One week later the patient returned for follow-up. She reported she was feeling better but that the headache was still present, although not as severe as the previous week. She reported her ptosis was still evident, but improved, and that she had noticed her pupils were now consistently the same size. The neurologist had started the patient on low dose oral prednisone daily, oral hydrocodone for pain as needed, and instructed the patient to continue the 325mg of daily oral aspirin. Snellen visual acuities at this visit were 20/20 OD and 20/20 OS without correction. Her extraocular motilities were again full-range-of-motion with no signs of restriction OU. Confrontational visual fields were also again full-to-finger-count OU. The patient's anisocoric pupils at this time were improved and measured 3mm OD and 3mm OS in light conditions. Only a mild amount of anisocoria lingered in the dark which measured 6mm OD and 5mm OS. Neither a sign of APD nor light/near dissociation was found OU. Accommodative pupillary response was normal at this visit as well. Interpalpebral fissure width was improved and measured 11mm OD and 10mm OS. No signs of ipsilateral anhydrosis were found nor reported by the patient. Intraocular pressures measured 14mmHg OD and 12mmHg OS via Goldman tonometry. The remainder of the eye exam was stable and unchanged from previously. The patient was told to follow up with her PCP and neurologist as directed and was told to follow up at our clinic in 2–3 months for follow-up. A correspondence letter suggesting the use of intravenous heparin and/or oral warfarin was sent to the PCP in order to further prevent any ischemic events secondary to the underlying dissection, which has historically been the standard of care for ICAD's.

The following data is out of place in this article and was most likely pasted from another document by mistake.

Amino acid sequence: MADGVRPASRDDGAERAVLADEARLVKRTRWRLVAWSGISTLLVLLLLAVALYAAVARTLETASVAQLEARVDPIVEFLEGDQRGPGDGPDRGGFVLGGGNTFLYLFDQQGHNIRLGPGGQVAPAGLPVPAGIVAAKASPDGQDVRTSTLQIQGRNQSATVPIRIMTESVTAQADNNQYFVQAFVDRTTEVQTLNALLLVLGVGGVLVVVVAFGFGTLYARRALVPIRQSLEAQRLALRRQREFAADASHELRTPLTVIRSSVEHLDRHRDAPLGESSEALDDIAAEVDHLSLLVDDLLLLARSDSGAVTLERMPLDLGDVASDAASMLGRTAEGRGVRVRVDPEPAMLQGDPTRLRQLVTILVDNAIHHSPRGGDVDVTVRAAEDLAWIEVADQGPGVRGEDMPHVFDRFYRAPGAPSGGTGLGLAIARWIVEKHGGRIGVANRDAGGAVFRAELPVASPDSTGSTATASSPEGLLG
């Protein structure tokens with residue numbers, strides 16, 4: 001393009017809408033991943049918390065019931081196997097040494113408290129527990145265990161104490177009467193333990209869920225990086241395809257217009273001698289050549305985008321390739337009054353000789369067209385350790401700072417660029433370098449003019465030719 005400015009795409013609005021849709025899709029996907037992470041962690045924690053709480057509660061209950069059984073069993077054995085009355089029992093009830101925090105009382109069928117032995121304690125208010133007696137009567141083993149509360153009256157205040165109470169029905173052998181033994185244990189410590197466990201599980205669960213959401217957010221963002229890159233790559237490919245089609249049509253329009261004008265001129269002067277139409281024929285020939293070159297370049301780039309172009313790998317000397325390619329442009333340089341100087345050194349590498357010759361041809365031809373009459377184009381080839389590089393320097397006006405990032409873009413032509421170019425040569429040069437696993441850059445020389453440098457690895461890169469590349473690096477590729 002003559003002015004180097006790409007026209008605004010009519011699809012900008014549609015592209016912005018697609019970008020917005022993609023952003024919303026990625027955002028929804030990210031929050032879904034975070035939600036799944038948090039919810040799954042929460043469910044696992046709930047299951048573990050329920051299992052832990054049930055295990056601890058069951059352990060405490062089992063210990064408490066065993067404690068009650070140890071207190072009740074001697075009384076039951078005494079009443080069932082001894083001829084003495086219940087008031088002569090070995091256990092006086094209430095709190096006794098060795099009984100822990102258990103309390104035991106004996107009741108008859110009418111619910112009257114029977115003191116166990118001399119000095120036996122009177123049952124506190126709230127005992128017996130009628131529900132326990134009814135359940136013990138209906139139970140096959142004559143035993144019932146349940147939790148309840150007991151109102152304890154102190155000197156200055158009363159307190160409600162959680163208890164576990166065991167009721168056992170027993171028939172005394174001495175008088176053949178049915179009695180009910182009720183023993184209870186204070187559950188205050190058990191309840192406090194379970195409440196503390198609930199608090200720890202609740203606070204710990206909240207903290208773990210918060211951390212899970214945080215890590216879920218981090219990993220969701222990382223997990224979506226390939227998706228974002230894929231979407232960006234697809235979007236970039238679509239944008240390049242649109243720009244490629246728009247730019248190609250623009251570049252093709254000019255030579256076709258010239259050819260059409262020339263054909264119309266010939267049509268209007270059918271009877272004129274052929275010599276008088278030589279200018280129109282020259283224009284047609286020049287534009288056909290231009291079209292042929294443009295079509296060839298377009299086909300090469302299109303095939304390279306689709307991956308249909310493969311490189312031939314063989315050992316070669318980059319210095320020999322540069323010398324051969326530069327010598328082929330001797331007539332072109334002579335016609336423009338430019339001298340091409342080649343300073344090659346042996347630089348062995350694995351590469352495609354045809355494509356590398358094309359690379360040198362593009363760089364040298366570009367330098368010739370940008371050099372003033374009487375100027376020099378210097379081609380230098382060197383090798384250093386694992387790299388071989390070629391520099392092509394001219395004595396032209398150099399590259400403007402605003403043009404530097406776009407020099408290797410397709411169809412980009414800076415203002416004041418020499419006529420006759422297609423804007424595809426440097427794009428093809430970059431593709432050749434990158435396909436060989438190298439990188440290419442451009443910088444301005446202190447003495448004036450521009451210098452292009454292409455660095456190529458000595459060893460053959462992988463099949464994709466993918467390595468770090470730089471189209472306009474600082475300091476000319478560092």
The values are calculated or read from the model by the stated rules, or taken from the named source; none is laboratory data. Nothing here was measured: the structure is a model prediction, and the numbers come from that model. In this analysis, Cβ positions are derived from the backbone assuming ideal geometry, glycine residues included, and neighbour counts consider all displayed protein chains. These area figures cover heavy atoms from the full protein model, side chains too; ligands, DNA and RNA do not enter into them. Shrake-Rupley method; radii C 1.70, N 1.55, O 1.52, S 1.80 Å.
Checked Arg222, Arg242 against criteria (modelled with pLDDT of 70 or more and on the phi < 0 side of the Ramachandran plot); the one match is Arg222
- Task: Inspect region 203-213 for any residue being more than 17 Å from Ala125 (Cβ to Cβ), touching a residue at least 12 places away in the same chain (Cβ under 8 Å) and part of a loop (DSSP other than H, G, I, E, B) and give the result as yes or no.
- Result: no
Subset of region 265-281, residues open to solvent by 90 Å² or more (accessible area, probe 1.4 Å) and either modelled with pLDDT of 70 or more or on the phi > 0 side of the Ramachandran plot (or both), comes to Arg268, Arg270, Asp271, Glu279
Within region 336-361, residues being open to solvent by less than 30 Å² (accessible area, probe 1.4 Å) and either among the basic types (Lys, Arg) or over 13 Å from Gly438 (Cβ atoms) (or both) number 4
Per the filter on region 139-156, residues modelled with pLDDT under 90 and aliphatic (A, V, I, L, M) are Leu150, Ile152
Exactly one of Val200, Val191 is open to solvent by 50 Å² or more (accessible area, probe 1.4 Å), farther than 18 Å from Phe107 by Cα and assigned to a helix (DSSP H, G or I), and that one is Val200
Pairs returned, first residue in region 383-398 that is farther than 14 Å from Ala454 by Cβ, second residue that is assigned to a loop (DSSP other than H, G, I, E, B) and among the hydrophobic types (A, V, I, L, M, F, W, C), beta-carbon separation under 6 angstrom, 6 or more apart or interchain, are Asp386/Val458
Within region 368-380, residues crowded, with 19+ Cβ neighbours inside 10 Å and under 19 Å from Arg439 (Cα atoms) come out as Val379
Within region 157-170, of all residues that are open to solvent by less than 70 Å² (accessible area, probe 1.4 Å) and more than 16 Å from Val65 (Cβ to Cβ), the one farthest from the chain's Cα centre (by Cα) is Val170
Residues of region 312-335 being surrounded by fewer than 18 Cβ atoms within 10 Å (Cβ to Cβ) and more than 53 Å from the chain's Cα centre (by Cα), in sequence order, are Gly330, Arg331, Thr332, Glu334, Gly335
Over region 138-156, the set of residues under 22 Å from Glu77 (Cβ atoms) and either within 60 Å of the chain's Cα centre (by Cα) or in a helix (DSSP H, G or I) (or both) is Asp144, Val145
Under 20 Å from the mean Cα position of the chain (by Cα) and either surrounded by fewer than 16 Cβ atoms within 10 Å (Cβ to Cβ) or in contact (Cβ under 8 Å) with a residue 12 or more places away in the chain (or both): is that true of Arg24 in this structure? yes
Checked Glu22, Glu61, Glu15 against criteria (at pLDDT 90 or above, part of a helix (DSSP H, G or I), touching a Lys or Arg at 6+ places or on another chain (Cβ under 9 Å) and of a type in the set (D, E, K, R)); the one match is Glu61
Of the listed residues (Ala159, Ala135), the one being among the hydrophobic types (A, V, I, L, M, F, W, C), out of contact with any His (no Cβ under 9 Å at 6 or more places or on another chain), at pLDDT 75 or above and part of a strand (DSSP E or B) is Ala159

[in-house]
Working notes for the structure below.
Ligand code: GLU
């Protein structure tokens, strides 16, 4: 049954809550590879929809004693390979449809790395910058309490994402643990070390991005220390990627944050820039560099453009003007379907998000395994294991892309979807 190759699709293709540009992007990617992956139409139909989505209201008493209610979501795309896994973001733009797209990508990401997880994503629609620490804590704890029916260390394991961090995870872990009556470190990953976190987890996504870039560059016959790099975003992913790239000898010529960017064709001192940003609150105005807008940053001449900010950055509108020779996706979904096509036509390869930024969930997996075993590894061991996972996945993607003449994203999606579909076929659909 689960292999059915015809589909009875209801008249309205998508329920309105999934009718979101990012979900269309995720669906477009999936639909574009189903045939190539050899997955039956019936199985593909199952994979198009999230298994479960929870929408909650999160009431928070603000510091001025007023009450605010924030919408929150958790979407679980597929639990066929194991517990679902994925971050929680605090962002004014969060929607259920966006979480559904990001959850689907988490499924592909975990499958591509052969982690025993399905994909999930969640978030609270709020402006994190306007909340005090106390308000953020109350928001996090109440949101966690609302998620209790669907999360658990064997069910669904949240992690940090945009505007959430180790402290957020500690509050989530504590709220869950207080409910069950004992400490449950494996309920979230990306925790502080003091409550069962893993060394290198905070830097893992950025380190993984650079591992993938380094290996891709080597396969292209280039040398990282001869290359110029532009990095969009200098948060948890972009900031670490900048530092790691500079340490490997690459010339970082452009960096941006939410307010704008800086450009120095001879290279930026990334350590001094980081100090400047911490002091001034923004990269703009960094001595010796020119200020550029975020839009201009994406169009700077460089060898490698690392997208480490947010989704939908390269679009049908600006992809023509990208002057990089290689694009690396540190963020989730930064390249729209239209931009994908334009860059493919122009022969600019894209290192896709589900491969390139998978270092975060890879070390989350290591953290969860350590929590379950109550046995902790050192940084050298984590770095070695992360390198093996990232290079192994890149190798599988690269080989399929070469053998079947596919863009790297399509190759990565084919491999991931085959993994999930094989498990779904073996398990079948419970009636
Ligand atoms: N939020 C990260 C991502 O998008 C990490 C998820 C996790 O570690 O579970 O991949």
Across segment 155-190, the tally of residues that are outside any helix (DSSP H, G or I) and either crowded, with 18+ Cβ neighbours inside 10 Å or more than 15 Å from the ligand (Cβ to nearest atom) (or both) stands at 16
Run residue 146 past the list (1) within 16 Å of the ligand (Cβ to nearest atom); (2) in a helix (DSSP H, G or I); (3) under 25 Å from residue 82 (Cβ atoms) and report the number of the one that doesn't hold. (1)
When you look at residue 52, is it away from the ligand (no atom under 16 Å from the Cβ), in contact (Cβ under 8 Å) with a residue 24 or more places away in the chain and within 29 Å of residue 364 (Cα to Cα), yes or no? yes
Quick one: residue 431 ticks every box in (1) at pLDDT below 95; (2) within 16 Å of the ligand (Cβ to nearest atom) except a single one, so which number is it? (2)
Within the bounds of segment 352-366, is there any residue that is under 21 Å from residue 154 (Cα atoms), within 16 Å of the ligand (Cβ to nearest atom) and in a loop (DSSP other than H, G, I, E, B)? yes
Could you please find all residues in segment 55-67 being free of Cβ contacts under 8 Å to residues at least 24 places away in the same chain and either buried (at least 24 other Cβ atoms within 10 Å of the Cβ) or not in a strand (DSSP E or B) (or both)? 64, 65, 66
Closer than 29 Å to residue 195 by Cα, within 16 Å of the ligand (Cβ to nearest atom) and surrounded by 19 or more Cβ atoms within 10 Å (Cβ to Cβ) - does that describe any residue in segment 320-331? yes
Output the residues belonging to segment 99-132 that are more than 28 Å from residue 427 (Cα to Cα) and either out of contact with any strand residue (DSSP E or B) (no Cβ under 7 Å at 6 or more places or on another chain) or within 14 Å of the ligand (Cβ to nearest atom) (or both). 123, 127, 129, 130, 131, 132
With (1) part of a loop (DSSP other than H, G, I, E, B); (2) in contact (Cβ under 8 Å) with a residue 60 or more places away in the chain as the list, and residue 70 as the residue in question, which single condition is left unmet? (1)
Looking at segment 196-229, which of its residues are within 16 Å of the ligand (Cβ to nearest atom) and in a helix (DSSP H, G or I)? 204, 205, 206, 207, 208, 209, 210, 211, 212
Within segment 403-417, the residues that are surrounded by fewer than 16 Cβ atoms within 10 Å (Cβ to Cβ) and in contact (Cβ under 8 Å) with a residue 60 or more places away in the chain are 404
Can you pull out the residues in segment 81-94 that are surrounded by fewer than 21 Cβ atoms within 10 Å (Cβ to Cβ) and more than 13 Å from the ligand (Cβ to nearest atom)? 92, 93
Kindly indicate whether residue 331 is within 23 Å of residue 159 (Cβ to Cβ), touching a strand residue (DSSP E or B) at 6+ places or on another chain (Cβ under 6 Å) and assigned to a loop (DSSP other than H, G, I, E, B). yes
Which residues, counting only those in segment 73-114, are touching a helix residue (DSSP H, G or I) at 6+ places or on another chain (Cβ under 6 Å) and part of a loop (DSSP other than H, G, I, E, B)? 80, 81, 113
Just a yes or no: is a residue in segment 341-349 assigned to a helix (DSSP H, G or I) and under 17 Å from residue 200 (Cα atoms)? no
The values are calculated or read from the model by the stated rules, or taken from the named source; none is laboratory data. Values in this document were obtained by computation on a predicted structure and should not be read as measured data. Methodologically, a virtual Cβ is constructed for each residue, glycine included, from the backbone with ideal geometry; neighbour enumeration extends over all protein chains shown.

The patient returned for follow-up 3 months later. She reported the PCP and neurologist had, indeed, started her on oral warfarin based on our recommendations, and also continued her on the daily dose of 325mg aspirin to help prevent any ischemic attacks. The neurologist discontinued the hydrocodone and instead gave the patient oral gabapentin to manage her ongoing pain secondary to the ICAD. However, at the time of her 3 month follow-up visit with me she had since been instructed to discontinue her prednisone, warfarin, and gabapentin by her neurologist as her repeat MRI/MRA results from a few weeks prior had shown full resolution of her ICAD (see Figs. 5 and 6) and a drastic improvement in the caliber/lumen of the ICA. The patient was kept on 325mg daily aspirin by her PCP for prophylactic therapy. The patient reported her signs and symptoms had dramatically improved over the past few months and that she had not noticed any lingering ptosis or pupil abnormalities. She reported her neck pain and associated headaches had lessened in overall frequency as well. Snellen visual acuities at this 3-month follow-up appointment were stable at 20/20 OD and 20/20 OS without correction. Extraocular motilities were again full-range-of-motion with no signs of restriction OU. Confrontational visual fields were still full-to-finger-count OU. Pupils were equal, round, reactive to light OU with neither signs of APD OU nor light/near dissociation OU. Accommodative pupillary responses were normal OU as well. Pupils measured 5mm OD and 5mm OS in dark conditions and 3mm OD and 3mm OS in light conditions indicating resolution of her anisocoria. Interpalpebral fissure widths were equal in both eyes and measured 11mm OD and 11mm OS indicating resolution of the patient's ptosis. Intraocular pressures were measured at 16mmHg OD and 16mmHg OS via Goldman tonometry. The rest of the anterior segment and dilated fundus exams were completely unremarkable OU and consistent with her previous exams. The patient was instructed to follow up with her neurologist and PCP as directed for her ongoing care, and to follow up with our clinic in 6 months to monitor her ocular signs and symptoms.